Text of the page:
In January 2016, astronomers Mike brown and Konstantin Batygin has published the first indirect evidence of the existence of another planet within the Solar system. Body, which received the unofficial title of “the Ninth planet”, is a hypothetical object, whose orbit, according to scientists, lies extremely far away from our Sun. Since the publication of brown and batygina other astronomers have conducted one study and tried to answer the most important question – how could this Ninth planet?
While some studies suggest that the planet has been pushed to the edge of the Solar system after its formation, while others believe that the object may be an exoplanet, attracted to our Solar system at some period of its history. However, recent research astronomers casts serious doubt on the latter and suggests that the Ninth planet was most likely formed much closer to the Sun than it is now, and then in the course of history migrated to the outer boundaries of the system.
A team of specialists under the direction of Dr. Richard Parker of the Department of physics and astronomy at the University of Sheffield conducted the study together with colleagues from ETH Zurich. The results of the research of the astronomers was published in the journal Monthly Notices of the Royal Astronomical Society (“Monthly notes of the Royal astronomical society”).
Six of the most distant known objects in the Solar system located beyond the orbit of Neptune and mysteriously arranged in the same direction. Diagram created using the program WorldWide Telescope
The question of the existence of the Ninth planet (or “Planet X” for those who still believes Pluto is a planet) was first staged in 2014 astronomers Chadwick Trujillo and Scott Sheppard on the basis of the unusual behavior of certain clusters of extremely remote TRANS-Neptunian objects (TNO). From a number of studies conducted in subsequent years, scientists have been able to establish the basic parameters of the object, which could cause this behavior.
At some point, it was concluded that the Ninth planet may be at least 10 times more massive than Earth and about two to four times bigger than our planet. There is also a view that it has a very large elliptical orbit around the Sun with an average distance to the star is roughly 700 astronomical units (a. E.). While its perihelion (closest distance to the star) amounts to about 200. E., and the aphelion (farthest point of the object location from the star) about 1200. E. Scientists estimate that in this case, a full rotation around the Sun have the Ninth planet can take from 10 000 to 20 000 years.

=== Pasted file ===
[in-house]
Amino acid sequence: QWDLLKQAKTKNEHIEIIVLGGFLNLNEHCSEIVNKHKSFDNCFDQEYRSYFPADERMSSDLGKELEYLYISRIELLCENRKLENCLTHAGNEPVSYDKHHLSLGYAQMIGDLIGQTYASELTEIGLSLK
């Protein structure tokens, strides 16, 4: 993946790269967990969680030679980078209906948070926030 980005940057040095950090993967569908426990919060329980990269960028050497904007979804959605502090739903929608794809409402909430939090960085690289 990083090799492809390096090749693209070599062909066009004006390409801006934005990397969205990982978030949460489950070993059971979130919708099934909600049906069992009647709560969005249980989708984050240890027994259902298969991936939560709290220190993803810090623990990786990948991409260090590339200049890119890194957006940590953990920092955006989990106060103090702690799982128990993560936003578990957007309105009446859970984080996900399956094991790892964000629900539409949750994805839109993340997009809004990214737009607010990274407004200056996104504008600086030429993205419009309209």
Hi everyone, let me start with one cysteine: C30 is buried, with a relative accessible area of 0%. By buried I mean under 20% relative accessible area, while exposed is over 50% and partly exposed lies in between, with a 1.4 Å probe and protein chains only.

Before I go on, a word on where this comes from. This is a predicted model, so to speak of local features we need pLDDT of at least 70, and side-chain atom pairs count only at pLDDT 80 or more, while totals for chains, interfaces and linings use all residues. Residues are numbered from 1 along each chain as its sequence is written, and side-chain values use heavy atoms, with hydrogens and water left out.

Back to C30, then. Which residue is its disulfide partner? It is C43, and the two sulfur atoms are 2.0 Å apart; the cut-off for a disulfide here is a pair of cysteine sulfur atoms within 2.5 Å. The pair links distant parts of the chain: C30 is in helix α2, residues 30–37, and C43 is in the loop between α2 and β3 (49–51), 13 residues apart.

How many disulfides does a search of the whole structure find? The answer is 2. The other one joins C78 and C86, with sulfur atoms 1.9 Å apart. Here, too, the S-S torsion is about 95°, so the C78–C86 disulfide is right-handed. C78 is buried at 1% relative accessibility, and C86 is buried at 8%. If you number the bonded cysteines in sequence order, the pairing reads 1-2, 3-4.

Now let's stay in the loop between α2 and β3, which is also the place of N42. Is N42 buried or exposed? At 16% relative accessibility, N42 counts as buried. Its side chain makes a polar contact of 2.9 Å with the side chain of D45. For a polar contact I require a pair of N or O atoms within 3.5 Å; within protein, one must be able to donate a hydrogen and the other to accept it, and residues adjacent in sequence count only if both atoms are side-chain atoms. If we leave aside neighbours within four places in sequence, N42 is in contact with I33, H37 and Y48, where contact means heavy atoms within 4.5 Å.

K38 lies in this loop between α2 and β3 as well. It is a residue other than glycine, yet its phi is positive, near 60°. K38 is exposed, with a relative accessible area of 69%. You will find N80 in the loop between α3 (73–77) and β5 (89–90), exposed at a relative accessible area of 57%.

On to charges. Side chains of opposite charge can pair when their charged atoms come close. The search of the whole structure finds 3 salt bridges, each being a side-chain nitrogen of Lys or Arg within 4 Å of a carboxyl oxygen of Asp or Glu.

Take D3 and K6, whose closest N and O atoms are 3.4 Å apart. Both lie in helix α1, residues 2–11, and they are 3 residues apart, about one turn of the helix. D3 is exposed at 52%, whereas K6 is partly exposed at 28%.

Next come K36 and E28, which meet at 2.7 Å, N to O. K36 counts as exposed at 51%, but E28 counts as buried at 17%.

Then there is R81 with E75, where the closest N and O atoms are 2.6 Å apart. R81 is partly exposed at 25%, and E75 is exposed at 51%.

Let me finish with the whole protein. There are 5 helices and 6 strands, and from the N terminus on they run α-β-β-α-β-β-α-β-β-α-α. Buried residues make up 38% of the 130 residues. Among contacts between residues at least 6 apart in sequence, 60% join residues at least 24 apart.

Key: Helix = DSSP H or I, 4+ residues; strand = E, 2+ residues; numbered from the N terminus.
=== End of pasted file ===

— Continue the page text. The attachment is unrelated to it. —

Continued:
Based on these data, scientists doubted that the Ninth planet could have formed in its current location. That is why among astronomers there was a dispute about whether the planet formed closer to the Sun, and then migrated to the outer boundaries of the Solar system, or was she drawn our system from another system several billion years ago.
“We know that planetary systems began to emerge simultaneously with the emergence of the first stars. Young stars are very often in groups, where interaction between stellar objects is a common occurrence. The environment where the formation of new stars, can directly affect the planetary system. The system can be located very close to each other, so stars one system can attract stars or planets of other systems,” said Dr. Parker in a press release the University of Sheffield.
For the study, a team of astronomers conducted a computer simulation of the Solar system when it was still in its “baby phase”, that is, when they happen early in the process of its formation. Despite the fact that interaction with other star systems (and their planets) in this period of time is considered by scientists common, the team came to the conclusion that even where all the conditions were optimal for catching the wandering planets, the capture probability of the Ninth planet of our system was extremely low.
In General, the simulations showed that among the objects with this orbit, as in the hypothetical Ninth planet, only 5 to 10 out of 10,000 planets could be caught and pulled the Solar system, when she was still young. According to the obtained models, the probability that the Ninth planet was pulled in to our system is 1 of 1000 or 2000.
“In this work we have shown that, despite the frequent occurrence of such a seizure similar to from the Ninth planet to happen, most likely, could not. We do not exclude the possibility of the existence of the planet itself, but we believe that it is likely, were formed near the Sun and not be pulled from another planetary system,” says Dr. Parker.
If the Ninth planet was not far-fetched in our system, it remains only one possibility: it was formed within the system, lying closer to the Sun, and then, after some time moved beyond the orbit of Neptune, sitting there, with some of the most distant objects in the Kuiper Belt.
The hunt for the “unseen” and mysterious planet continues, any study that adds new data to describe its characteristics and nature, will be extremely useful in the actual detection. Excluding one by one the likely scenarios of its formation, scientists also create new questions about the history and evolution of our Solar system that require to find answers. How did all the planets of our system? They appeared on the same orbits, where they are, or moved there? The closer we get to the Ninth planet, the more such questions will arise.